Poland: is the ruling party trembling?

After the crushing victory of the Law and Justice party in the previous presidential and parliamentary races, the first elections after three years were interpreted as a test of the real support for the ruling party and a forecast for the next ballots. The results of this test were quite confusing.

The local elections held in Poland few weeks ago were the beginning of a long electoral marathon. Next year there will be ballots for two parliaments – European (in May) and national (sometime in Autumn) – and in 2020 we will be electing our president for the next five years.

After the results of the local elections were known, both the ruling party and the opposition declared themselves as winners. And both were at least partially right to do so.

Cities for the opposition

The opposition, represented either by the members of Civic Coalition (the main opposition party in this race) or by non-partisan or left-wing candidates, won presidential seats in almost all of the cities with population of at least 100,000 people.

On the other hand, the ruling party gathered strong support in many of the local boards (voivodeships, powiats and gminas).

Commentators leaning towards the opposition saw these results as either a sign of a breakthrough in their – until now – uneven competition with Law and Justice or a clear signal for the opposition that in order to defeat the ruling party in the next elections, it should unite under a single, "pro-democratic" banner.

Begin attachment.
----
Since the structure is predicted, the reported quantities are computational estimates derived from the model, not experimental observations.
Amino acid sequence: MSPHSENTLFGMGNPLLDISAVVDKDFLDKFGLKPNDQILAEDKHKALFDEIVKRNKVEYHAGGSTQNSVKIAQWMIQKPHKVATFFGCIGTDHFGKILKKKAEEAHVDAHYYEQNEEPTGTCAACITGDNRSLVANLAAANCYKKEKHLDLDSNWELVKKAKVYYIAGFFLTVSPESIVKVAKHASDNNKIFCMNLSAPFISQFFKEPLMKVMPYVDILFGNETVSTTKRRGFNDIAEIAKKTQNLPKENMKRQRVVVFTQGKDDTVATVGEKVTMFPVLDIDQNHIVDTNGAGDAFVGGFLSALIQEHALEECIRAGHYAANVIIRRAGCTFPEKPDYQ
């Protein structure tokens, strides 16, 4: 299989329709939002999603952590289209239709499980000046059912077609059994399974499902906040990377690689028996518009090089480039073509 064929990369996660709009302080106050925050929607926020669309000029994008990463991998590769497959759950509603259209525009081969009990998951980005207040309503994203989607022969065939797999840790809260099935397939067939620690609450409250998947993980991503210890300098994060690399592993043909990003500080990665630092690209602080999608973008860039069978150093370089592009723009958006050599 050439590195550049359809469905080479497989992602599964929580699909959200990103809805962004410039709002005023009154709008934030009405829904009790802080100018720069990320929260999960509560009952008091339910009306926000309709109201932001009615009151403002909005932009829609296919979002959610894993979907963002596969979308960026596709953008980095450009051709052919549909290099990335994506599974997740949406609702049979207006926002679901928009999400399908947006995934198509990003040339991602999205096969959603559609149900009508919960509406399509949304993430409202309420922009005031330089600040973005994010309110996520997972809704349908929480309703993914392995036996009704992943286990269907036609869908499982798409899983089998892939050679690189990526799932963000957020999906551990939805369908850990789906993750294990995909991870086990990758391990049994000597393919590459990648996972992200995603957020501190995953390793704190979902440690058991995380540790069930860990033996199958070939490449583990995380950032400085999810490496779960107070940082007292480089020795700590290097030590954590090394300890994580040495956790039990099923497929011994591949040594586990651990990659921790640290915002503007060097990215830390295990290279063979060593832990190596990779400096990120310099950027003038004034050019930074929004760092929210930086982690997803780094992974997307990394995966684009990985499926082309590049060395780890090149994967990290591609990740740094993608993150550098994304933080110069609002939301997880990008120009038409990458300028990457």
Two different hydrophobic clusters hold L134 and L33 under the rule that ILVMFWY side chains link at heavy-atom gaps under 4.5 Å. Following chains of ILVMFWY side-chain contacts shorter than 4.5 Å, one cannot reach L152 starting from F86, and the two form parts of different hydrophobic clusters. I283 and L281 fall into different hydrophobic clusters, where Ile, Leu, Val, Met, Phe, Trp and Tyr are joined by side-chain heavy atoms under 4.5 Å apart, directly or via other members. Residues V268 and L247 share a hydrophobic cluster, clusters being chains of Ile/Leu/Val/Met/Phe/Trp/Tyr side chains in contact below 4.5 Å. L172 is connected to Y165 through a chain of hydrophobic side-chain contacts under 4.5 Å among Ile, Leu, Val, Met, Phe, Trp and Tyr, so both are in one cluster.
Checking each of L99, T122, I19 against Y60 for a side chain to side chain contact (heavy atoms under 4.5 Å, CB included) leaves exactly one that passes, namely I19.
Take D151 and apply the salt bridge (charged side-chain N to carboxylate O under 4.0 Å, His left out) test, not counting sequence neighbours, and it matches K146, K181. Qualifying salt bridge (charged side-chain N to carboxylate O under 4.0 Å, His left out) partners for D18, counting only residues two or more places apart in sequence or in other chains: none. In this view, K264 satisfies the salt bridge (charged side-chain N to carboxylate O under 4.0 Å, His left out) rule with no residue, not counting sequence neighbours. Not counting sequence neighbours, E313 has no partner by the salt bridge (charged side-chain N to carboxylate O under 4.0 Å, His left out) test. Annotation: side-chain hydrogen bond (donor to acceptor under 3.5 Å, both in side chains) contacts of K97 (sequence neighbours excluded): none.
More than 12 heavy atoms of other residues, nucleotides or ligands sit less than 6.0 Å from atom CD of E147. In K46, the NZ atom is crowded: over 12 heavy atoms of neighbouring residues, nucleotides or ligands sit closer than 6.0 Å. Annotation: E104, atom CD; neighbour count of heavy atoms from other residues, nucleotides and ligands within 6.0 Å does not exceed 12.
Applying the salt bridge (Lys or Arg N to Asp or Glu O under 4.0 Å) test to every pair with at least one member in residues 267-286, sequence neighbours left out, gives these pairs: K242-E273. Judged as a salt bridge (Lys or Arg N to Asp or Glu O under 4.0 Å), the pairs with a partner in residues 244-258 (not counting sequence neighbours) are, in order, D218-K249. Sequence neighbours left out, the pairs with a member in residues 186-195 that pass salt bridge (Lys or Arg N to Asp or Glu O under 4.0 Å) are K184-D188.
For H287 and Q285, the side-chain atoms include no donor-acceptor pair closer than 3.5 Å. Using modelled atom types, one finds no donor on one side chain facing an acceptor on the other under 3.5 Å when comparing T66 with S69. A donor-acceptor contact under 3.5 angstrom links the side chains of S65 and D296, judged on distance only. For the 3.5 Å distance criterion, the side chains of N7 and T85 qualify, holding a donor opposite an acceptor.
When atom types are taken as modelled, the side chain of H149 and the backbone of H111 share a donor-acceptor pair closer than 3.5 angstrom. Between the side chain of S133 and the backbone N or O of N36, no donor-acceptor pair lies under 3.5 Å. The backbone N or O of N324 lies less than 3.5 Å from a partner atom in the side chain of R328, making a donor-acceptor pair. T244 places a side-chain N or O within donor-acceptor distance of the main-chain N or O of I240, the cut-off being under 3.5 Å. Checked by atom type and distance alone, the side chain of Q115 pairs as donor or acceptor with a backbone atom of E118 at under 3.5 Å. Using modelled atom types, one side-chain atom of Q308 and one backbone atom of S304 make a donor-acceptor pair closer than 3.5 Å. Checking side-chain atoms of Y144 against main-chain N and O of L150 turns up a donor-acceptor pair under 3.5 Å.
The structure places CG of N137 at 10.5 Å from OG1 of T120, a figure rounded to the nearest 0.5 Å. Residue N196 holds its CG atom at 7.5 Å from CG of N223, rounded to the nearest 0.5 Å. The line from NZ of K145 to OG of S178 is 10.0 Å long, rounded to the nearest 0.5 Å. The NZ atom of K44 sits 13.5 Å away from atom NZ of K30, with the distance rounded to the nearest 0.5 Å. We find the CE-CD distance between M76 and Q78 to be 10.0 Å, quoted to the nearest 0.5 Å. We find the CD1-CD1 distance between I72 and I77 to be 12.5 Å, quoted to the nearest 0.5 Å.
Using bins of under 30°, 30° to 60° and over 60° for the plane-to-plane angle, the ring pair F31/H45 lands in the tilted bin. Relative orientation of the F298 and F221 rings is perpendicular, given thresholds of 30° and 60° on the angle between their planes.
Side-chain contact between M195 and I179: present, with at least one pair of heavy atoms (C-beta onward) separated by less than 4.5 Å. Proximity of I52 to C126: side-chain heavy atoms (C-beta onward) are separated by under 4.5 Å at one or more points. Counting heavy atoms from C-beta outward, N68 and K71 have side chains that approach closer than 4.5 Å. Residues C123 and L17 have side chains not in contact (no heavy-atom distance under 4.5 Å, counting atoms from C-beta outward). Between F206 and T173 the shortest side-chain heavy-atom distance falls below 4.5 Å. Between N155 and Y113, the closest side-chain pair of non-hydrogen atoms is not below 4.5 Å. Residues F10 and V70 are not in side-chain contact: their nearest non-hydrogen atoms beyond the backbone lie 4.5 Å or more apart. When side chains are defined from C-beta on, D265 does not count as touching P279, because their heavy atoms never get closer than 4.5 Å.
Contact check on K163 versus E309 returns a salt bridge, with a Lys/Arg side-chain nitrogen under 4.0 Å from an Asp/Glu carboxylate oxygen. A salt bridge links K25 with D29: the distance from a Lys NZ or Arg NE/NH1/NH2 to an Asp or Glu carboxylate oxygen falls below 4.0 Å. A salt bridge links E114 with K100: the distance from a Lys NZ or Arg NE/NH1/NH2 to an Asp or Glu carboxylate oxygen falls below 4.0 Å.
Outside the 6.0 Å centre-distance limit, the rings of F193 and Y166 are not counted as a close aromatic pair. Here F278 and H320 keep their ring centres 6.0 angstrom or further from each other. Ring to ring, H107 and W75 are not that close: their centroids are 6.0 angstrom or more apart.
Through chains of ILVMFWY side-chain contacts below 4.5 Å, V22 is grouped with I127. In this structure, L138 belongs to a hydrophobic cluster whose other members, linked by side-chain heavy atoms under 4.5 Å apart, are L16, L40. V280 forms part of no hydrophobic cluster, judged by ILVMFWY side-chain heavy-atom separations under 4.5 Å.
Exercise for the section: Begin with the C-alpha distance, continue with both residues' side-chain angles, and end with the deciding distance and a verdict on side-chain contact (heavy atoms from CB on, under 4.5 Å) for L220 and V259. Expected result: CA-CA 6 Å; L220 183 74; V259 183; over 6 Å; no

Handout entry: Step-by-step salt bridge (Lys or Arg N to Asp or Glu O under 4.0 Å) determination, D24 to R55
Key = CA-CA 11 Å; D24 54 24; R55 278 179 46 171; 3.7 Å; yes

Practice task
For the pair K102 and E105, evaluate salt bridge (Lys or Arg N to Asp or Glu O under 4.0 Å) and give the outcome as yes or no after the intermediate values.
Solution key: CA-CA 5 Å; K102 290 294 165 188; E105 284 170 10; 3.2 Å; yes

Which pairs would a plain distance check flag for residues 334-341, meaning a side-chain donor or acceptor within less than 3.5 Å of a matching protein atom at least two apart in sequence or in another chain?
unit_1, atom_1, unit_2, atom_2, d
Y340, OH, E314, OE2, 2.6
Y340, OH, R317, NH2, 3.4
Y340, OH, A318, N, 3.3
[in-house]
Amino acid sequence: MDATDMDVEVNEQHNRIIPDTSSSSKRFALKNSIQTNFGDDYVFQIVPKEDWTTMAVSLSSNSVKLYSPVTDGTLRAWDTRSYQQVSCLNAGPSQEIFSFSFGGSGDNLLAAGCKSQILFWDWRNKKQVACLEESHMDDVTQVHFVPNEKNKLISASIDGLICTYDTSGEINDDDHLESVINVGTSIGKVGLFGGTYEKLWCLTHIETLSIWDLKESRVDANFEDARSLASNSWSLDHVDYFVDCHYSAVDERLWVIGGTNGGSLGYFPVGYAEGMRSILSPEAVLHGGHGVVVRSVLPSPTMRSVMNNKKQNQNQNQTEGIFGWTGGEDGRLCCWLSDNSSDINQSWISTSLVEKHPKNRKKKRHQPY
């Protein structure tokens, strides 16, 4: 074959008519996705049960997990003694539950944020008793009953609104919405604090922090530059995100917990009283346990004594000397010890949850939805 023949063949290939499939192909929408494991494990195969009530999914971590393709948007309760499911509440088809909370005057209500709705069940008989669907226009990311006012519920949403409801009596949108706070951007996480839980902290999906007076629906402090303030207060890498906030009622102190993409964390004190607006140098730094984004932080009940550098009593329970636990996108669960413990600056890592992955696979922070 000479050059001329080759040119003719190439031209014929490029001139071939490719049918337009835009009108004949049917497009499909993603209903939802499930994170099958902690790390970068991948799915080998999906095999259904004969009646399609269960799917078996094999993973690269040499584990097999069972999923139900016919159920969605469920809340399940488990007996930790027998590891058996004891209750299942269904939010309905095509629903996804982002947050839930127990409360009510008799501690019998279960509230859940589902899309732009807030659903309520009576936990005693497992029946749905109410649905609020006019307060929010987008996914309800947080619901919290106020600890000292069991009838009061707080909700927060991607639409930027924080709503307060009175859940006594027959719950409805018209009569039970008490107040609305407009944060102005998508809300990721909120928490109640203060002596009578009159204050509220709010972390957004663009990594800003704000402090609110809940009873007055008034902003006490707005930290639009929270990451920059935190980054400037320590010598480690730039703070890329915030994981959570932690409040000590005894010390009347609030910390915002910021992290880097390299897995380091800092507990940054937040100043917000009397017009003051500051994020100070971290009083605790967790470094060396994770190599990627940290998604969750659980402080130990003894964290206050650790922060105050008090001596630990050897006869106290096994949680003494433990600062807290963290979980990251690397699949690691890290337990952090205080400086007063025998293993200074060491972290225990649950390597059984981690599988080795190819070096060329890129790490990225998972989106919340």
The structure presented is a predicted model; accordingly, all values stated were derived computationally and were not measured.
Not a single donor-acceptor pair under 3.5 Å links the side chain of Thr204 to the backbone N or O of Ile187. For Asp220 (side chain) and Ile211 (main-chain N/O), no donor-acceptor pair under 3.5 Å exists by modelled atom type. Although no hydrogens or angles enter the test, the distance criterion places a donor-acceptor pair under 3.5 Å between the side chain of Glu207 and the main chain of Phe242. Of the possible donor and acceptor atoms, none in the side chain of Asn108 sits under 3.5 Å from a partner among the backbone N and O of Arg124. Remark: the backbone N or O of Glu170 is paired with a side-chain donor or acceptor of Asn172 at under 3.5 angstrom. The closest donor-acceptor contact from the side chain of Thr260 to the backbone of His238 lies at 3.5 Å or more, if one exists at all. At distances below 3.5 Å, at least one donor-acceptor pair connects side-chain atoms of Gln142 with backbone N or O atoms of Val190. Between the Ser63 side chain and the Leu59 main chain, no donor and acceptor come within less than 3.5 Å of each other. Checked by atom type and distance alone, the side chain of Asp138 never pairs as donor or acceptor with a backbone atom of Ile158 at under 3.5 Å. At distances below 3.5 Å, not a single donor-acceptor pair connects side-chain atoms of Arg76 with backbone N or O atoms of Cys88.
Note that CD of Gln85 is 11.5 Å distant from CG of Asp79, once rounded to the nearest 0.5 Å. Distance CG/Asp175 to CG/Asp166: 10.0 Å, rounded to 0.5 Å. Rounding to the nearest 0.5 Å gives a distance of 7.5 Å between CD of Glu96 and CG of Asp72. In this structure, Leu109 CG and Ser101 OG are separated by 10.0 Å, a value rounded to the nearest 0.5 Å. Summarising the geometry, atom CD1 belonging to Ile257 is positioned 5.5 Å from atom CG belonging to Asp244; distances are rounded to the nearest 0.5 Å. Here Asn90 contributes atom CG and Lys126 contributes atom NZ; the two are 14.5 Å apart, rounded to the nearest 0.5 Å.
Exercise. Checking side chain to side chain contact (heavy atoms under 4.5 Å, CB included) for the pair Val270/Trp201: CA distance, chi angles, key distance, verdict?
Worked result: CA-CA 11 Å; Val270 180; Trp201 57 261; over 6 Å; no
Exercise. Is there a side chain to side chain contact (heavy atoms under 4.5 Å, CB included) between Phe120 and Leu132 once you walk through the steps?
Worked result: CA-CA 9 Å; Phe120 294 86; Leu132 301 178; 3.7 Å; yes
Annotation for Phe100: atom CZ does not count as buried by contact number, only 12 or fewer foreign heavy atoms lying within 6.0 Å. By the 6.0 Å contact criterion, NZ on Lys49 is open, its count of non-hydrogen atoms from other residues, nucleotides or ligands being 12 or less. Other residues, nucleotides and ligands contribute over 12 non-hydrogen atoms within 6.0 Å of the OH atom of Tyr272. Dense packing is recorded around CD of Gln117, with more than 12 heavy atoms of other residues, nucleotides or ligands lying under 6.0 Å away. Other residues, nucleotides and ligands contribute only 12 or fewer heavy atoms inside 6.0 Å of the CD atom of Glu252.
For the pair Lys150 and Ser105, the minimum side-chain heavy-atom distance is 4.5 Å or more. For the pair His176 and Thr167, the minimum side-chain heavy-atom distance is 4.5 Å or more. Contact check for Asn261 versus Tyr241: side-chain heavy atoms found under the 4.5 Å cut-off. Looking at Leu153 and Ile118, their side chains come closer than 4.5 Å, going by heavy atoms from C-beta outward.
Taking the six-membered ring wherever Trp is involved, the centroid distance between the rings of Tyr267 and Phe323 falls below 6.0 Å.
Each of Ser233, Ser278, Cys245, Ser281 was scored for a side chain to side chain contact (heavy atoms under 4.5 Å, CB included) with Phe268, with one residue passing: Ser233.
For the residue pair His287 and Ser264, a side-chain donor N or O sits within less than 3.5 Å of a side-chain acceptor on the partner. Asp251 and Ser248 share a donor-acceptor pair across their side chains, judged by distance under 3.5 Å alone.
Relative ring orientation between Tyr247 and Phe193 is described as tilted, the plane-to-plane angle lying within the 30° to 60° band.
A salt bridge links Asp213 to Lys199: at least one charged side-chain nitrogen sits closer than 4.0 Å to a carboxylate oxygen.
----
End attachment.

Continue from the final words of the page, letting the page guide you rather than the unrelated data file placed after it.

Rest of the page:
The state media – controlled by the government – focused on the increased influence of the ruling party in the regional boards, especially at the voivodeships level, presenting these mixed results as yet another crushing victory of Law and Justice. Yet the future political landscape remains uneasy to predict.

What to expect from the European elections?

What we can foresee now is that the next victory of the ruling Law and Justice might not be as strong or as secure as it was three years ago. It's also quite clear that much will depend on the turnout, especially outside the largest cities.

The voters traditionally more prone to vote in the European elections – those living in the largest cities – vote more in support of the opposition. However the ruling party has still a huge support in the smaller cities and in the rural areas. In order to land ahead, they have to mobilize their supporters to go to the ballots at all. Nevertheless, this electoral marathon will be very interesting to watch.

Available translations
Sunday 09 December 2018


Jarosław Kopeć



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